Diagnosis and Tests for Chickenpox
If you suspect chickenpox, your doctor will likely ask about your symptoms and perform a physical examination. To confirm your diagnosis, your doctor may also recommend one or more of the following tests:
- Blood Test - VZV DNA Detection by Real-Time PCR, where a sample of your blood can be checked for the presence of antibodies to the varicella-zoster virus. Select the best chicken pox tests here.
- Skin Biopsy - A small piece of skin from a blister can be removed (biopsied) and examined in a laboratory for the presence of chickenpox viruses.
- Polymerase Chain Reaction (PCR) Test - This test can be used to detect chickenpox DNA in samples taken from blisters or mucus from the nose or throat.
Treatment for Chickenpox
If your child has chickenpox, you can treat them at home with some simple measures. First, make sure they're comfortable. Keep them cool and give them lots of fluids to drink. You can also give them over-the-counter medicines like ibuprofen or paracetamol to help with the itchiness and fever.
If the itching is severe, your doctor may prescribe an antihistamine. Do not give aspirin to children under the age of 16 as it can cause a rare but serious condition called Reye's syndrome.
Chickenpox usually clears up within a week or so without any lasting effects. However, in rare cases, it can lead to more serious problems such as pneumonia or encephalitis (inflammation of the brain). If your child is having difficulty breathing, has a severe headache or vomiting, or seems very unwell, seek medical advice immediately.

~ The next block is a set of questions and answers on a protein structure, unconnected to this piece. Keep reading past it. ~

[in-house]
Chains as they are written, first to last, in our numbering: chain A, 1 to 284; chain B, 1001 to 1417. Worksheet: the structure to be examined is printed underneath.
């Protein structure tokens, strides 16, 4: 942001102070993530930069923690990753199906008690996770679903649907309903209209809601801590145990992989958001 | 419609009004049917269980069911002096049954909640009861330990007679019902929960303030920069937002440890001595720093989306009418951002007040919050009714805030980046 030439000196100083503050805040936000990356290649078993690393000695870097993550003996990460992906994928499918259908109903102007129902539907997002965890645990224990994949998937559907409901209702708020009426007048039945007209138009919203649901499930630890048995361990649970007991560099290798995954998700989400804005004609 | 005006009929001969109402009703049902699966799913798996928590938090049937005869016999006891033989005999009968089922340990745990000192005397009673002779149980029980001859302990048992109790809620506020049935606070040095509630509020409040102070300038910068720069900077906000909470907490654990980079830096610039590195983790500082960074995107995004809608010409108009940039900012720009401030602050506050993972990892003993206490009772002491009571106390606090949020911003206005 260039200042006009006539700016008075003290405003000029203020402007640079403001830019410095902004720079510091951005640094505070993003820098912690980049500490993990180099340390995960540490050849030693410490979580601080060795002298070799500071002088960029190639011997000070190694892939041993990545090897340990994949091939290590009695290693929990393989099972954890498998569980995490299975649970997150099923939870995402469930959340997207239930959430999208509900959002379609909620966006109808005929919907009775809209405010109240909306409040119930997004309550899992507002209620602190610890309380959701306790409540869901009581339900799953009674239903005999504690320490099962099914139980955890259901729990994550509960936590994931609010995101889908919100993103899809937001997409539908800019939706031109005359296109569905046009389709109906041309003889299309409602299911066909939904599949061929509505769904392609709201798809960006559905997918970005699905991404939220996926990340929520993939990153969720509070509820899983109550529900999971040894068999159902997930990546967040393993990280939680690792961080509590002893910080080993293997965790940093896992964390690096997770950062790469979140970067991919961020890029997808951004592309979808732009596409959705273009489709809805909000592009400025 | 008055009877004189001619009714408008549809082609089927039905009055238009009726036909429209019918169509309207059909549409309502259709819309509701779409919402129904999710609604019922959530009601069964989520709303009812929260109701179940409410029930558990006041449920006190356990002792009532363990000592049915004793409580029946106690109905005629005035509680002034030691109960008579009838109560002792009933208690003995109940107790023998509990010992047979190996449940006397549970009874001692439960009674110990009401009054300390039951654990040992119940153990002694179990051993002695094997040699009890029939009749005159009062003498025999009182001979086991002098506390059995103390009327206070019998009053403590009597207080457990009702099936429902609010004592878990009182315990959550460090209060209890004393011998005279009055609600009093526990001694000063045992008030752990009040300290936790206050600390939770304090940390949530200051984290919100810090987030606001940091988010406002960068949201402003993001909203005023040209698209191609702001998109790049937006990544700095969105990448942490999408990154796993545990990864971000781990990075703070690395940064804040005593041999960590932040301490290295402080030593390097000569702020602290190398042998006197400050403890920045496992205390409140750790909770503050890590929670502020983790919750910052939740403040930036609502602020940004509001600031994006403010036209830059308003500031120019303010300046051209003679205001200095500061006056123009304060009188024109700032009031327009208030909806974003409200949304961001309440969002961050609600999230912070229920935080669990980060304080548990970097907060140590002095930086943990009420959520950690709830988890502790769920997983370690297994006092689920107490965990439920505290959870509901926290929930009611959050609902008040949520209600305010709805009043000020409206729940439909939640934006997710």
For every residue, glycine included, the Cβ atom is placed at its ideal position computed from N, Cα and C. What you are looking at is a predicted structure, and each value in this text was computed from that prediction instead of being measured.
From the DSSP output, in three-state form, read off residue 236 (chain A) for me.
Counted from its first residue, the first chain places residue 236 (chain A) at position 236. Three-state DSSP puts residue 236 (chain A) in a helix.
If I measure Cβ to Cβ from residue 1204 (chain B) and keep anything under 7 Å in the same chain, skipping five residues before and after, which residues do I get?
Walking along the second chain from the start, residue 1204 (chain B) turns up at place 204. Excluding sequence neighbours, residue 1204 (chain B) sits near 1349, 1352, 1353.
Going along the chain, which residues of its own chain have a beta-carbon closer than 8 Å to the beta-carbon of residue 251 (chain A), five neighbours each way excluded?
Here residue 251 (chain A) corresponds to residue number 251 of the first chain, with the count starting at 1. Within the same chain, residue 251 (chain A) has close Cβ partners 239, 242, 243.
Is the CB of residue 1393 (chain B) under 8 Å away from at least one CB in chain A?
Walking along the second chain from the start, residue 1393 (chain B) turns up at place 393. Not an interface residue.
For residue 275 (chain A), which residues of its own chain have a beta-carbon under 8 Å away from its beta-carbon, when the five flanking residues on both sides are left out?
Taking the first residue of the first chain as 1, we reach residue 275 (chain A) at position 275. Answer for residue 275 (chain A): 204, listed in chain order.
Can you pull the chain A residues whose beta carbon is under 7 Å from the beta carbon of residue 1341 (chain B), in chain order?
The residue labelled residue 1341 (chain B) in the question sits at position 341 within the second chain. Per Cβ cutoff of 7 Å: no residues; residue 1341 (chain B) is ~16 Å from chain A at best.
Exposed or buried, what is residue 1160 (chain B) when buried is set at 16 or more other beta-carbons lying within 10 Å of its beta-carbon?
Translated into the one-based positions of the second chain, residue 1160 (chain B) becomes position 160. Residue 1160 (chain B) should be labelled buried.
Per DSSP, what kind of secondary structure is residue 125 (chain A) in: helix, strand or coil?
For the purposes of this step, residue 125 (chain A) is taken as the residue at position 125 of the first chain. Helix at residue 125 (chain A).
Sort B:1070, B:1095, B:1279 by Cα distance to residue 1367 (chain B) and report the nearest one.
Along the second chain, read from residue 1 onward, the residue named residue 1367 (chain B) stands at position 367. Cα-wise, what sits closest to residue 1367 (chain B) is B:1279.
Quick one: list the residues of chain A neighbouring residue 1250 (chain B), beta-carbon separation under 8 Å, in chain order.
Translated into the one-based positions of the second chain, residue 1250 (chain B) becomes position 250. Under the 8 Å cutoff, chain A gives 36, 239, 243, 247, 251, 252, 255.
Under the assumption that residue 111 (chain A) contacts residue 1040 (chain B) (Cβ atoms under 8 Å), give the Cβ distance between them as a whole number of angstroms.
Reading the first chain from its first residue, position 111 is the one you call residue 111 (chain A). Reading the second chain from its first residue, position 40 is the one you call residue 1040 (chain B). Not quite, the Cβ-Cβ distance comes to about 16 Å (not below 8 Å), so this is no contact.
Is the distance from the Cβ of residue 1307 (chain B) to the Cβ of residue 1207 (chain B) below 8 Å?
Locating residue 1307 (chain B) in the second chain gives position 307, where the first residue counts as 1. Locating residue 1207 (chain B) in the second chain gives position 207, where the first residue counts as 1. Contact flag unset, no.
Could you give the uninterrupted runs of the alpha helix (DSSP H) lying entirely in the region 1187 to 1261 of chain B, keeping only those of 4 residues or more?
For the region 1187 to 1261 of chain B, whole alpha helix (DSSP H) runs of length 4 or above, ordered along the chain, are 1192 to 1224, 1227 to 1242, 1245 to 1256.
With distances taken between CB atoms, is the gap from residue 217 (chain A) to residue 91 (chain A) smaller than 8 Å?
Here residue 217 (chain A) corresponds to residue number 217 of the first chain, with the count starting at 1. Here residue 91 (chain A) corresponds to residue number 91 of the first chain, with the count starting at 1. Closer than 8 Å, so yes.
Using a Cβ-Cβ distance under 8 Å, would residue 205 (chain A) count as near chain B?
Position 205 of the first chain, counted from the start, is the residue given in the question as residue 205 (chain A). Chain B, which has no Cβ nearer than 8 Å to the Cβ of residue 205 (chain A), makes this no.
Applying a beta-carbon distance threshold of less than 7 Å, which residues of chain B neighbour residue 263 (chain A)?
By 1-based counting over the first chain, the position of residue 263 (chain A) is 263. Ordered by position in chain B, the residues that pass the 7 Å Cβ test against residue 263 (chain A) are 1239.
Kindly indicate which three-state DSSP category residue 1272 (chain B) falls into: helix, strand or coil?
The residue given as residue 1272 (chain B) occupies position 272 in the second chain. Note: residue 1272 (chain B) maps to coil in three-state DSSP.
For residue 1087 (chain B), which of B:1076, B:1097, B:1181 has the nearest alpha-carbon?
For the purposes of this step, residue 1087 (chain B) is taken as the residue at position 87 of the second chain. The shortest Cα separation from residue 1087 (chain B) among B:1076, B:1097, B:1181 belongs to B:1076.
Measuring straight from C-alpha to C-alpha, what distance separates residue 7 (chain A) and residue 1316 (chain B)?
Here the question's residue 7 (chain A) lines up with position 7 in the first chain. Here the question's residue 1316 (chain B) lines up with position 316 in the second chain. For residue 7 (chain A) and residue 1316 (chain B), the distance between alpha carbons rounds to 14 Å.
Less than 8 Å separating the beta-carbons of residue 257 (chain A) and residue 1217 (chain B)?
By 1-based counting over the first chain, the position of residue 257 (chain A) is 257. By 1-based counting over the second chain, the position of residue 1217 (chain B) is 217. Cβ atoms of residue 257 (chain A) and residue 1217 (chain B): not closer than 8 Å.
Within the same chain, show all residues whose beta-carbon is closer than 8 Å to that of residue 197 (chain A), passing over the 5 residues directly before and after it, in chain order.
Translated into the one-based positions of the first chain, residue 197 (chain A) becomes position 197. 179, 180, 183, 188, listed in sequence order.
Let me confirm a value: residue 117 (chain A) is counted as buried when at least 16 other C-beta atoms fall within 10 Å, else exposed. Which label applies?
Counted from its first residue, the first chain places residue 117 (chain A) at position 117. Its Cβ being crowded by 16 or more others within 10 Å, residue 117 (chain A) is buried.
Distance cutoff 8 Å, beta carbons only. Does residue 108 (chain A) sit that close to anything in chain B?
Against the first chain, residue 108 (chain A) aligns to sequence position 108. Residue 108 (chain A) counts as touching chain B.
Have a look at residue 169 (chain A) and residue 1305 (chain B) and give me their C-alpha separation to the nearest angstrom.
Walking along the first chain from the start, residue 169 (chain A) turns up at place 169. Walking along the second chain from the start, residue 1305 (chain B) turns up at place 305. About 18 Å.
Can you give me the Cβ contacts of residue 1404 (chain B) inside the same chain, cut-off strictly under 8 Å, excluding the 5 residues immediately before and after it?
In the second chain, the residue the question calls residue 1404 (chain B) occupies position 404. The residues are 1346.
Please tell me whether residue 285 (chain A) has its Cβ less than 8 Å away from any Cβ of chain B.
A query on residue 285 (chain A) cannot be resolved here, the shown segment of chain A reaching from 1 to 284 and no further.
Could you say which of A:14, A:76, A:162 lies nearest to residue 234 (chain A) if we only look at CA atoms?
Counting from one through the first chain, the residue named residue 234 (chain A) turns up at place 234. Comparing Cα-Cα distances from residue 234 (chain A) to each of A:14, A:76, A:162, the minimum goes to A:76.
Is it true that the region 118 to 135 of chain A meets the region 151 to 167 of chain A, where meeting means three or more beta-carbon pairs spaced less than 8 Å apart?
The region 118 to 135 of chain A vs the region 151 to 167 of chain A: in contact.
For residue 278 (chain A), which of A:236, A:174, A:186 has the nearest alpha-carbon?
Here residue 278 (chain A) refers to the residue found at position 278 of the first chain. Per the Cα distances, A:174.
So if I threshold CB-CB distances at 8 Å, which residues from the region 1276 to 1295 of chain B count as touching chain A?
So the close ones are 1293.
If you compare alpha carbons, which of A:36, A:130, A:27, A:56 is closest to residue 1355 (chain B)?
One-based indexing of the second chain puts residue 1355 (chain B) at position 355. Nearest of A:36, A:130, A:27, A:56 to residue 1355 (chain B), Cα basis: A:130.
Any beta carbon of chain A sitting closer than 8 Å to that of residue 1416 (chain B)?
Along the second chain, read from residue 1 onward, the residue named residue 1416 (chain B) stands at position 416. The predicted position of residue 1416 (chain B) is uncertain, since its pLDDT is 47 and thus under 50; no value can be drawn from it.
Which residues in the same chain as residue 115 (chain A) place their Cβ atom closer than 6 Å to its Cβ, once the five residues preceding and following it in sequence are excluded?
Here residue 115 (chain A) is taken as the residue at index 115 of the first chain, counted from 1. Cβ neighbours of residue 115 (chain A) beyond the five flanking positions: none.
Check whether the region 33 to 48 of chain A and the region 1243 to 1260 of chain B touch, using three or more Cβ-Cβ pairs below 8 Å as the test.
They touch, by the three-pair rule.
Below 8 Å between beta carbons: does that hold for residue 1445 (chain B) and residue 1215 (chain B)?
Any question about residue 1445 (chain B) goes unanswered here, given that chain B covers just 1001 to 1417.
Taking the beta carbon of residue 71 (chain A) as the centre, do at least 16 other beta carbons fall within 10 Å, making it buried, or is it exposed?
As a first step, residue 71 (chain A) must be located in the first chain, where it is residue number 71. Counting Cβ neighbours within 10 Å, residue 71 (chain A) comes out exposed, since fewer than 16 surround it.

Your doctor may also recommend a course of antiviral medication for more severe cases of chickenpox. This can help to reduce the severity and duration of the illness and can also reduce the risk of complications.
Prevention of Chickenpox
There are two types of chickenpox vaccines available. The first is called Varivax and is recommended for children aged 12 months to 18 years. It is given as a shot. The second vaccine, called Zostavax, is recommended for adults aged 60 years or older. It is given as a shot or nasal spray.
The best way to prevent chickenpox is to get vaccinated against it. Chickenpox vaccines are more than 90% effective at preventing chickenpox. They are also effective at preventing severe chickenpox, which can lead to serious complications such as pneumonia, brain damage, and death.
In conclusion, chickenpox is a contagious illness caused by the varicella-zoster virus. It can be quite serious in adults and people with weakened immune systems. The best way to avoid getting chickenpox is to get vaccinated and take steps to reduce exposure to infected individuals.
If you already have it, then symptom management and antiviral medications will help speed up your recovery time and prevent complications from developing. If you are unsure about the cause of the itchy rash, book a home visit with Metropolis Labs to get your blood samples collected by professional technicians and fast-track your diagnosis.